Hello everyone, and welcome to another of my reviews. In this article, I’ll review a new suit commission from Bangkok tailor Universal Tailors.

Yes, you’ve read that right: I’m expanding my coverage to overseas tailors as well, starting with Bangkok – the mecca of affordable tailors. Over the years, countless readers have asked me if they should tailor in Bangkok, and I’ve never been able to give an opinion as I’ve never done so myself. With COVID now a thing of the past (fingers crossed), I decided to visit a few tailors in Bangkok late last year, with the first being Universal Tailors.

Universal Tailors – the Brand

Universal Tailors was established over 37 years ago and currently resides in a swanky new showroom at the heart of Bang Rak, Bangkok. Today, it’s run by the father-son duo of Ronnie and Raj Singh, making it a bona fide family business. Universal Tailors also possesses its in-house production and even offers factory tours to customers (apparently, the factory is only 5-7 minutes away from the showroom).

After almost four decades, Universal Tailors has garnered quite a reputation – it’s been featured in notable media outlets such as GQ, Business Traveller, LuxLife, etc. It also has a stellar Google rating of 4.9/5, with over 400 reviews. And like most Bangkok tailors, Universal Tailors can deliver a custom-made suit (with a basted fitting) within three days. That’s insanely fast, and would never be a possibility in Singapore. Let’s see if it’s any good.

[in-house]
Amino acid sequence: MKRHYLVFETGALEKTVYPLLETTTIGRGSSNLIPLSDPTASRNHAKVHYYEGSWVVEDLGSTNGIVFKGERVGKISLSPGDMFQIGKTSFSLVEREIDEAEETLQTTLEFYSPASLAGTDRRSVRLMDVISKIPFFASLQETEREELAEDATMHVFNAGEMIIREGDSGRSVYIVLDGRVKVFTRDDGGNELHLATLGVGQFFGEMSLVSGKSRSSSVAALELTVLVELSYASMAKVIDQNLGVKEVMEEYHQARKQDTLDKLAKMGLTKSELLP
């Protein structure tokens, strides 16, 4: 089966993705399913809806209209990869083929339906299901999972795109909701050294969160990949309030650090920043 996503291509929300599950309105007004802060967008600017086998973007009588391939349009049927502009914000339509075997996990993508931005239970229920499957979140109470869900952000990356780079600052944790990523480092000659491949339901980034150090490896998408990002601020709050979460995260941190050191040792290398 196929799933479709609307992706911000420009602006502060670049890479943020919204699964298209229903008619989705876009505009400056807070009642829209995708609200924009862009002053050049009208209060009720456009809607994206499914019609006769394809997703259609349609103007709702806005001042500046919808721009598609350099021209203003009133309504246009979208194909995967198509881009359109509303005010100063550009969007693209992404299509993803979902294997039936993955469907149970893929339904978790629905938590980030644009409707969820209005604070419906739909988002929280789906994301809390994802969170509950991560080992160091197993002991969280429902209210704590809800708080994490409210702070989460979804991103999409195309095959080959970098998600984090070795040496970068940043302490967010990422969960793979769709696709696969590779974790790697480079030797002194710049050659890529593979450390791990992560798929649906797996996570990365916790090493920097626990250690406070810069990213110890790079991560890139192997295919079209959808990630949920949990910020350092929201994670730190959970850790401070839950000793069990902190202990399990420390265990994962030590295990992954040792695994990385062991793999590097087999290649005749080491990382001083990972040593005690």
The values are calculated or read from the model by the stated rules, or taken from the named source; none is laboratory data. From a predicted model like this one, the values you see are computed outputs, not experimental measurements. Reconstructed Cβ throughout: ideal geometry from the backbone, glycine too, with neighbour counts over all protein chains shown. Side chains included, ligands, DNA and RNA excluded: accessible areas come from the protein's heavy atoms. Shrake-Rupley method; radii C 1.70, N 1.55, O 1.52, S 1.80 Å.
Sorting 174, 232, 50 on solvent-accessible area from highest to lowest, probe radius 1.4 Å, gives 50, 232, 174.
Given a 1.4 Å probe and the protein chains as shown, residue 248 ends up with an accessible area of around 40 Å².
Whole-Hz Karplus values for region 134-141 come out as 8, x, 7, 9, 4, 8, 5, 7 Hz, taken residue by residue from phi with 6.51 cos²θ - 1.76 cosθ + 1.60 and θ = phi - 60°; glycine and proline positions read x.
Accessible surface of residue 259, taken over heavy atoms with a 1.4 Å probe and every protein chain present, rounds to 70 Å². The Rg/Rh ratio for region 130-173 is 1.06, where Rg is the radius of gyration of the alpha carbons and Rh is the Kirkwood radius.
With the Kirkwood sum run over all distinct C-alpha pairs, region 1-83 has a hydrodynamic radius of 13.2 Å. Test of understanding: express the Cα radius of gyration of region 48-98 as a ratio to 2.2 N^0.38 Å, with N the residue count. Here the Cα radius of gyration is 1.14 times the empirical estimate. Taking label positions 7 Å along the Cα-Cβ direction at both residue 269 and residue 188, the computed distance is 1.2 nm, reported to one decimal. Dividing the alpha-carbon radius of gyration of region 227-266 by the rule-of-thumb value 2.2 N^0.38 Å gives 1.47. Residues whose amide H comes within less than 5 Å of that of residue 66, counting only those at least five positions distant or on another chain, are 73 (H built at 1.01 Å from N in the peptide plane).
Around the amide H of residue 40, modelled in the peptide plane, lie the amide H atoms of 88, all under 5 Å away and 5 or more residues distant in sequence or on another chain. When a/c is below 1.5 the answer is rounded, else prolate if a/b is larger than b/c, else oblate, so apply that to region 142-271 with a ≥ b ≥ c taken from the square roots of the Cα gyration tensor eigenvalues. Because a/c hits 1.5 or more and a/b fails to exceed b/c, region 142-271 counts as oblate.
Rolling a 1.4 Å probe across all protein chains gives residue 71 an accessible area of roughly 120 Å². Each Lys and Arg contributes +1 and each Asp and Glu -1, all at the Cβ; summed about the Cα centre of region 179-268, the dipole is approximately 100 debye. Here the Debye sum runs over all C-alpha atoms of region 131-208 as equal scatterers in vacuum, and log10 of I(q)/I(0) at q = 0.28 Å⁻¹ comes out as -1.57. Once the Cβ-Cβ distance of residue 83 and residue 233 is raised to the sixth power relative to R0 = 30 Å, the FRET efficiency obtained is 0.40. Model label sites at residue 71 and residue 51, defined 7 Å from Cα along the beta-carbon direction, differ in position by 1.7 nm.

Universal Tailors – Video

If you’re interested in seeing some hands-on footage of my experience with Universal Tailors, do watch the Youtube video below:

Universal Tailors – the Experience

As mentioned, Universal Tailors is situated in downtown Bang Rak, Bangkok. It’s not quite in the shopping district, but it’s not too far away either.

There are a few tailors on the same street, so look for the golden sign that says “Universal Tailors”.

Upon entering the showroom, I was greeted by Raj (pictured above) – the son of the business. Being younger (I believe he’s in his late twenties), he currently provides customer styling advice. I mentioned to him that I wanted a relatively lightweight fabric that’s appropriate for Singapore’s tropical weather, while being stylistically striking as well.

Raj immediately recommended a blue wool blend fabric, with a lovely hopsack weave. Unlike most Singaporean tailors, Universal Tailors has the actual fabric roll available (the showroom is stacked with fabric rolls), which he promptly brought down for me to peruse. The wool blend fabric felt light to the touch, with none of that shiny, smooth texture characteristic of polyester fabrics. I also liked the hopsack weave – I haven’t had one before. As such, I readily agreed to Raj’s suggestion.